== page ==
We're able to scare Orange in the best kind of way.
Freshmen reception is next in line
Everyone came and it went off fine.
To celebrate Armistice will now be the rule
So put away books, and stay home from school.
Whittier came with lots of pep
Look out Fullerton, watch your step.
The teams they metg 'twas awful tame,
Read the score--it shows the same.
The Girls, Leage Vaudeville is a great success,
Everyone came. we must confess.
The football boys were the honored guests,
And the evening passed with mirth and jest.
The Entertainment Course comes once more,
Plenty of music and pleasure galore.
To Redlands, Happy, Mildred, and Miss McAdow go
For the Girls' League Convention, we'll have you all know.
Mr. NValberg takes some girls to L. A.
Now, Mr. VValberg, what will your wife savi'
A Christmas "kid" party for all the girls.
Apples, and candy, pig-tails and curls.
Postponed is our Long Beach game,
The rain spoiled it all. Oh, what a shame.
Christmas vacation now is here
Come on, "Korkie," lets give a cheer.
We lost the game with Long Beach 'tis true,
But just wait till next year, then we'll show you.
Down to the ground our cafeteria burns,
It creates excitement when of it each learns.
After the New Year our school opens wide,
Good resolutions are heard on each side.
Assembly is called, Mr. Plummer says clear,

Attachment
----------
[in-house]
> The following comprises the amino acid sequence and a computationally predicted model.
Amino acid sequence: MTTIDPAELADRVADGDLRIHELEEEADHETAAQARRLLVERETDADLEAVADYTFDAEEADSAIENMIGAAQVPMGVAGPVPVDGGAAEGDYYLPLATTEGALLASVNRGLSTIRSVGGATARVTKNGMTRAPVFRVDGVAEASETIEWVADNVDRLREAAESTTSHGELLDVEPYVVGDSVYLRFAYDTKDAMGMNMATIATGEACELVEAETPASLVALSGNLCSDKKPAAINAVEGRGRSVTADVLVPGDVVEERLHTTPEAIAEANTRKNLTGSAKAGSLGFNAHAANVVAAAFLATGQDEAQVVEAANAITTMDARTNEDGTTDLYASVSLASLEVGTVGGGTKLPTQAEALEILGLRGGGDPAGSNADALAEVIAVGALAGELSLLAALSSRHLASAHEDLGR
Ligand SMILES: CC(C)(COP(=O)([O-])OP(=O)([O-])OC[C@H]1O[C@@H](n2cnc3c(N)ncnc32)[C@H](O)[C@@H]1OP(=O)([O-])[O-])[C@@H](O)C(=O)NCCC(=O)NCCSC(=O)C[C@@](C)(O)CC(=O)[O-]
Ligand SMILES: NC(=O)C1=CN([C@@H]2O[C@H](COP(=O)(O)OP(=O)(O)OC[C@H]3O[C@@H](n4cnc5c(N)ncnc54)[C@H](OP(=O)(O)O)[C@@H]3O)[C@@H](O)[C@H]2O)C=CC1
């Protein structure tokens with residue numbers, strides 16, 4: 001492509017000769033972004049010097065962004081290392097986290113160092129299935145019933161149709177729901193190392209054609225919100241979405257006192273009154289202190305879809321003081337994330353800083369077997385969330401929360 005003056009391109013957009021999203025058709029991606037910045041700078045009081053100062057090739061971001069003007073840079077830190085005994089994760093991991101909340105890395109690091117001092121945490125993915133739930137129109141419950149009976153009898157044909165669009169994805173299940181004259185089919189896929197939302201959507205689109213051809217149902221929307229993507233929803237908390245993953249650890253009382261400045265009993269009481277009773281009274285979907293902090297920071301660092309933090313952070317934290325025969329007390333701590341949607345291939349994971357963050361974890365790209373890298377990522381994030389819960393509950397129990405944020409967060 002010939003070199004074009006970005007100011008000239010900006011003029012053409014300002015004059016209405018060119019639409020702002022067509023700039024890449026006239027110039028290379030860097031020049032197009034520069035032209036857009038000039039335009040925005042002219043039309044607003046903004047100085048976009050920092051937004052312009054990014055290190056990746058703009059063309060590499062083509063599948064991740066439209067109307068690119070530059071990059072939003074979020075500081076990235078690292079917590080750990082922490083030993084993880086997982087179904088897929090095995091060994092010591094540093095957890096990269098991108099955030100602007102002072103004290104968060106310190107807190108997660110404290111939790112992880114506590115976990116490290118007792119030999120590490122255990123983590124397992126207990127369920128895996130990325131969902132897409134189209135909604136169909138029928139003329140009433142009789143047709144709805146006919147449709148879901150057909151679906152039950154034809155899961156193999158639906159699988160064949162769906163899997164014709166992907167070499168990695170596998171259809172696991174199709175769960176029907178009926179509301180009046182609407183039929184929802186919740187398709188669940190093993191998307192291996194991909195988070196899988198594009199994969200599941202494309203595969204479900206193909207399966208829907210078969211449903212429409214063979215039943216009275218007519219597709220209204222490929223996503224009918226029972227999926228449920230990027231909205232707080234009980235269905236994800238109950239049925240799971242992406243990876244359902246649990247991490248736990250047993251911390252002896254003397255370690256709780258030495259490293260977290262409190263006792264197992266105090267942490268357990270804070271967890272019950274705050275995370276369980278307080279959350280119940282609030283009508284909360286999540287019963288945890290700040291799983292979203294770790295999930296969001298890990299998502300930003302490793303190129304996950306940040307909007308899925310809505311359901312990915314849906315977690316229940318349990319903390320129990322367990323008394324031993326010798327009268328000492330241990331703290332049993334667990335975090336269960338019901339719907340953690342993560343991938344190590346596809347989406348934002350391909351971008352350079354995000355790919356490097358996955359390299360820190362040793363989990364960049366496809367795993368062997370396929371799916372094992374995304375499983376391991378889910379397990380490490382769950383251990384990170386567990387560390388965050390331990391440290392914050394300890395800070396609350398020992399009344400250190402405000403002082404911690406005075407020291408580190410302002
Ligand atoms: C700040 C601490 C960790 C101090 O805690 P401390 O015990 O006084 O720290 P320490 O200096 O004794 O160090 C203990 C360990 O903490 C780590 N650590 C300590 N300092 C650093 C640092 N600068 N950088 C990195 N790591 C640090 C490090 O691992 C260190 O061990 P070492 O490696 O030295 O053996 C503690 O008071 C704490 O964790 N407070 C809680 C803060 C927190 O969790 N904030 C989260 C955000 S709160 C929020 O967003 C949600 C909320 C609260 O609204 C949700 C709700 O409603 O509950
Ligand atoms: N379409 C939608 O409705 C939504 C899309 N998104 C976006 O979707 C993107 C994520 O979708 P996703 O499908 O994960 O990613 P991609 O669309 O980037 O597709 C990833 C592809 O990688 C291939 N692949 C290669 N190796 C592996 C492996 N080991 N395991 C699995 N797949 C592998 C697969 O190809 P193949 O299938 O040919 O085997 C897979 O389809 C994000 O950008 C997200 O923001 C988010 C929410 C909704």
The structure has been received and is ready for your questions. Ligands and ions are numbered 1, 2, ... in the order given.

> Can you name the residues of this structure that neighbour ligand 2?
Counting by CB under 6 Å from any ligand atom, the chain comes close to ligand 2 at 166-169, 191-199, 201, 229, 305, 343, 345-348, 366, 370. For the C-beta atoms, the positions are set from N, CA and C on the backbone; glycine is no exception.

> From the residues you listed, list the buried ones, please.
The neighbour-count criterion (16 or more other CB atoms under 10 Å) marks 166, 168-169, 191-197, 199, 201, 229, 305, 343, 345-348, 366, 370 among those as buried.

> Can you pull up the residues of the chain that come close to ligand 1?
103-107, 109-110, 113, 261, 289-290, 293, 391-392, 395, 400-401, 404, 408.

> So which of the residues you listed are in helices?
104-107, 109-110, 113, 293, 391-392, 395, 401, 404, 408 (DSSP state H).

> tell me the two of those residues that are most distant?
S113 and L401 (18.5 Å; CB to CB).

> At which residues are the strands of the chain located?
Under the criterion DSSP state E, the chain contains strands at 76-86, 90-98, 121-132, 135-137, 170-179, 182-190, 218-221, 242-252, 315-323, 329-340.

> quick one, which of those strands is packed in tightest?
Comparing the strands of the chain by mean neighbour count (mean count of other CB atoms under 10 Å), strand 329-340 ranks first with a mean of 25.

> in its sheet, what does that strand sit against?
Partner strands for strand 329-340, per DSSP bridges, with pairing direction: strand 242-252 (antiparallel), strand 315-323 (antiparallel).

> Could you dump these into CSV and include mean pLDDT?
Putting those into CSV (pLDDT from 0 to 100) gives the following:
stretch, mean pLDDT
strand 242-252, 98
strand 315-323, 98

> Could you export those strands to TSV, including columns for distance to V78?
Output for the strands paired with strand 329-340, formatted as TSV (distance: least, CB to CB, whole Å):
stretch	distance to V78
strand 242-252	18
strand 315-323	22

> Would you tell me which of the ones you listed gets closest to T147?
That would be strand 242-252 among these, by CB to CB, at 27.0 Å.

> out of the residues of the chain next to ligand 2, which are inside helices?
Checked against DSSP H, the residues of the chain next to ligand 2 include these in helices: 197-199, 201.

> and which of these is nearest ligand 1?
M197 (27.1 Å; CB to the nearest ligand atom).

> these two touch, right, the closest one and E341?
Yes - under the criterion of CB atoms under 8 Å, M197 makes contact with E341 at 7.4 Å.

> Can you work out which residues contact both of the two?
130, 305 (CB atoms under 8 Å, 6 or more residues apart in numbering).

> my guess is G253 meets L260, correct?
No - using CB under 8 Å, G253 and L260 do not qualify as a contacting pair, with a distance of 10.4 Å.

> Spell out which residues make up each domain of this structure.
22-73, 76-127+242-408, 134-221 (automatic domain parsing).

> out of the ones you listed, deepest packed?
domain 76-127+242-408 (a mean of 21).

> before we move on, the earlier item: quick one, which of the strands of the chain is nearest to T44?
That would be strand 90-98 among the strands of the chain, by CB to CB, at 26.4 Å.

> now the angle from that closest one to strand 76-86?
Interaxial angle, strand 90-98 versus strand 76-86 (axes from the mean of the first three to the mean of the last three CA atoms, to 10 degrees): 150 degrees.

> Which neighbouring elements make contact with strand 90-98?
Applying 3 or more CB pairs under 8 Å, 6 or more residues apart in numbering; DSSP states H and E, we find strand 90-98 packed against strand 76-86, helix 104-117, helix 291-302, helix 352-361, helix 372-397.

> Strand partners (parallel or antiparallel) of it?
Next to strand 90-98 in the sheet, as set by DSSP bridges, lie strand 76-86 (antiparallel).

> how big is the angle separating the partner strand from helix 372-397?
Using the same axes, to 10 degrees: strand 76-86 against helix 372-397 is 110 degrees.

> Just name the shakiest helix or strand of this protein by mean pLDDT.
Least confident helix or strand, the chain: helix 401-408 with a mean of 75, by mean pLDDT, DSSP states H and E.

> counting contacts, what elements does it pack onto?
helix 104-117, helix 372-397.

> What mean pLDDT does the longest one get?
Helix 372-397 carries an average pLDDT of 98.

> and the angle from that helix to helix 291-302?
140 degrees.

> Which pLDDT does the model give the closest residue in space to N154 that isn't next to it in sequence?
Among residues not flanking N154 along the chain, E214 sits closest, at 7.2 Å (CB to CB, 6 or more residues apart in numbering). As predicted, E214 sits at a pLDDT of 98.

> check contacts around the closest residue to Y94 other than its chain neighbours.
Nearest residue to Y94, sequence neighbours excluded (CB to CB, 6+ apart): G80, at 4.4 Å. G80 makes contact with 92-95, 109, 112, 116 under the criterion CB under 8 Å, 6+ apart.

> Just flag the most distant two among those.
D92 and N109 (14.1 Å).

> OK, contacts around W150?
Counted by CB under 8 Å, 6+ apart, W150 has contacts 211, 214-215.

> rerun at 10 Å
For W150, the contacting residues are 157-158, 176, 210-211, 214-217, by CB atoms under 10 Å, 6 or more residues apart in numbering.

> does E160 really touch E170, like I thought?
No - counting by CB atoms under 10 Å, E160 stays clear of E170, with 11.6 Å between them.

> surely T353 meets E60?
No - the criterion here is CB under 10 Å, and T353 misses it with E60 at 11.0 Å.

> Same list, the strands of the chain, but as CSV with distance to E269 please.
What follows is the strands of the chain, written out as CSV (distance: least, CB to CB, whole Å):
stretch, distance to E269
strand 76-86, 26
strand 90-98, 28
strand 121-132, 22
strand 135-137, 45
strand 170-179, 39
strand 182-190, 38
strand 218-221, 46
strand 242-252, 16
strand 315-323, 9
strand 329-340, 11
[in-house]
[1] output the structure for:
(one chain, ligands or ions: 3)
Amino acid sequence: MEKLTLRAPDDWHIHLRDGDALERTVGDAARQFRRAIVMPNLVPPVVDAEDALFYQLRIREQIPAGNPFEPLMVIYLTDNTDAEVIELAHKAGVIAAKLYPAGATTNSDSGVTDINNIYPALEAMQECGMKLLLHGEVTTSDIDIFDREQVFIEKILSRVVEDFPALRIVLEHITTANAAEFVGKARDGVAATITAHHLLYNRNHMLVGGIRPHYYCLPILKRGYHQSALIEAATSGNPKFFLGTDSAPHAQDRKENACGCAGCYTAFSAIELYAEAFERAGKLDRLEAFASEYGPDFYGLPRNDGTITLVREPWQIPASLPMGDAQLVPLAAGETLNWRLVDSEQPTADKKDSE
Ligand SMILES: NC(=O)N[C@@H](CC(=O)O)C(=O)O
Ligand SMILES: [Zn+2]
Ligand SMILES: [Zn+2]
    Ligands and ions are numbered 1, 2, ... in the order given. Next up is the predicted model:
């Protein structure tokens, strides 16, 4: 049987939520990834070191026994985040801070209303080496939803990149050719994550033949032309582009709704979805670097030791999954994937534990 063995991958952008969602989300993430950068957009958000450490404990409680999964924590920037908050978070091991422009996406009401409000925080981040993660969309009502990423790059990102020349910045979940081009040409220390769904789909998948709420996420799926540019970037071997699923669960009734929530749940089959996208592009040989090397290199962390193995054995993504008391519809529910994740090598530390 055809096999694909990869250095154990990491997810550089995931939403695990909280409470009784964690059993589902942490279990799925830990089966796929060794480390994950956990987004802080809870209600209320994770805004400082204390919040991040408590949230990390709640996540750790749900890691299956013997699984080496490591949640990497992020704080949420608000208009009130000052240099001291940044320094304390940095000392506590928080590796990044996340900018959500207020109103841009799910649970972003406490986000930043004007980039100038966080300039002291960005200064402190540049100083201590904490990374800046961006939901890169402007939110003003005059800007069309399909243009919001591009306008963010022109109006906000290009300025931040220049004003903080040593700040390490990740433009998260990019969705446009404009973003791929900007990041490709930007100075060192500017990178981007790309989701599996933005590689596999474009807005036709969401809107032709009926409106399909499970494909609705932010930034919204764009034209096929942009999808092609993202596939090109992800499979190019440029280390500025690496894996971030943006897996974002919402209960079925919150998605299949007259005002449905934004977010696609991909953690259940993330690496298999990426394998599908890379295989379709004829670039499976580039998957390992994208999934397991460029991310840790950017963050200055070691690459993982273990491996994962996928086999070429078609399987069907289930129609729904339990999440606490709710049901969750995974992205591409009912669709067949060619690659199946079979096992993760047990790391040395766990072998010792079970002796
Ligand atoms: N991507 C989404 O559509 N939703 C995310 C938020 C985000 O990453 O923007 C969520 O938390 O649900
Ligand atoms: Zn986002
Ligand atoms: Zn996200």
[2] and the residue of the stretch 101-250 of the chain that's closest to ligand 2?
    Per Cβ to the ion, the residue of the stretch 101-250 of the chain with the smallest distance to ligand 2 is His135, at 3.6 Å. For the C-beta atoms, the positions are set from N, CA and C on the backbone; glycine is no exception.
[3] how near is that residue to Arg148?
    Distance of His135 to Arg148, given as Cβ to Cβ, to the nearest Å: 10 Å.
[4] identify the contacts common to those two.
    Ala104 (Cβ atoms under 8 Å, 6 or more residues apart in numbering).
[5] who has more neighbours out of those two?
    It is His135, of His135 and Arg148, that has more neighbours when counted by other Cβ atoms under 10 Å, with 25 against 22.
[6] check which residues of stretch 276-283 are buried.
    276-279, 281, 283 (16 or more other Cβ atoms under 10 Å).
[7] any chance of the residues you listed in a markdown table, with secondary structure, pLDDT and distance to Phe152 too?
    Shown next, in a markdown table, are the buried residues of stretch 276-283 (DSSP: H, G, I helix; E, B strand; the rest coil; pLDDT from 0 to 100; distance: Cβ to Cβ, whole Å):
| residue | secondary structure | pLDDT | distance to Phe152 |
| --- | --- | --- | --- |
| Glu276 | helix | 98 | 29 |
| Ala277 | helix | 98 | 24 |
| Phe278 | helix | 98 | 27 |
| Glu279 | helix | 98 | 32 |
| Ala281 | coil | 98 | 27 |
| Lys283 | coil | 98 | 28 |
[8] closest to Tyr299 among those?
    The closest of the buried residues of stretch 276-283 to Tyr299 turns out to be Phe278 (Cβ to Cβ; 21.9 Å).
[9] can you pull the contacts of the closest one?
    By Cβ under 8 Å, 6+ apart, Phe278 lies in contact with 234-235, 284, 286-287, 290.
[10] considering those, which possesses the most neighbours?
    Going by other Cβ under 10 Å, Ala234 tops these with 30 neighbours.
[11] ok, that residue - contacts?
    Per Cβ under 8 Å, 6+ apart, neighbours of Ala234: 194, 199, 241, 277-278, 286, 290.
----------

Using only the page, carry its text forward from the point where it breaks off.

You must all bring your lunches the rest of the
na' U 4
Harkl Hark! How the dogs do bark!
VVe hear a man speak on Joan of Arc.
Basketball at Huntington Beach
The score is way out of their reach.
H. B.-2. F.-35.
Full many a face wore a pleasant smile,
As pictures for the Pleiades were then in style
The building shook with mighty vim,
'Twas only Minnie fell in the gym.
The Skeeter VVeights with VVhittier play
'Twas a very good game, so they all say.
VVith Anaheim we play basketball,
Our teams both won and that is all.
lst team A.-10 F.-l2
2d team A.-10 F.-13 X
Given for school song a S10 prize G'
Betty Frazee is certainly wise.
Sophomore girls in basketball play
They won from the Faculty without delay.
And on this same day our High School boys,
Won from Whittier with a great many joys.
The Sophomore boys in baseball play
And win from the Faculty in an easy way.
Sad indeed, we bemoan our fate
To Orange and Santa Ana we lose a debate.
In all kinds of ball we play many a game
To keep up our spirit and widen our fame
In some we're successful, in others not so
But we have lots of fun wherever we go.
a f' 1'
1' R 1
. iw f- JE :
TH PLEIAD S
Mavis and Letty in the Study Hall hght,
Now, really, girls, that's not quite right.
VVe saw a good play, it's all very true,
If you saw Othello, you'll say so, too.
"Miss Marion Helm has the murnpsf, they say,
VVe hope shelll get better in the quickest way.
Mr. Brunton for us in Assembly reads,
All about Vkiashington and his great deeds.
For honors in track the classes all meet,
The Seniors were victors and won this big feat.
"The House Next Door" was a very good show
Each did his part, we'll have you all know.
The Seniors at last have their rings of gold,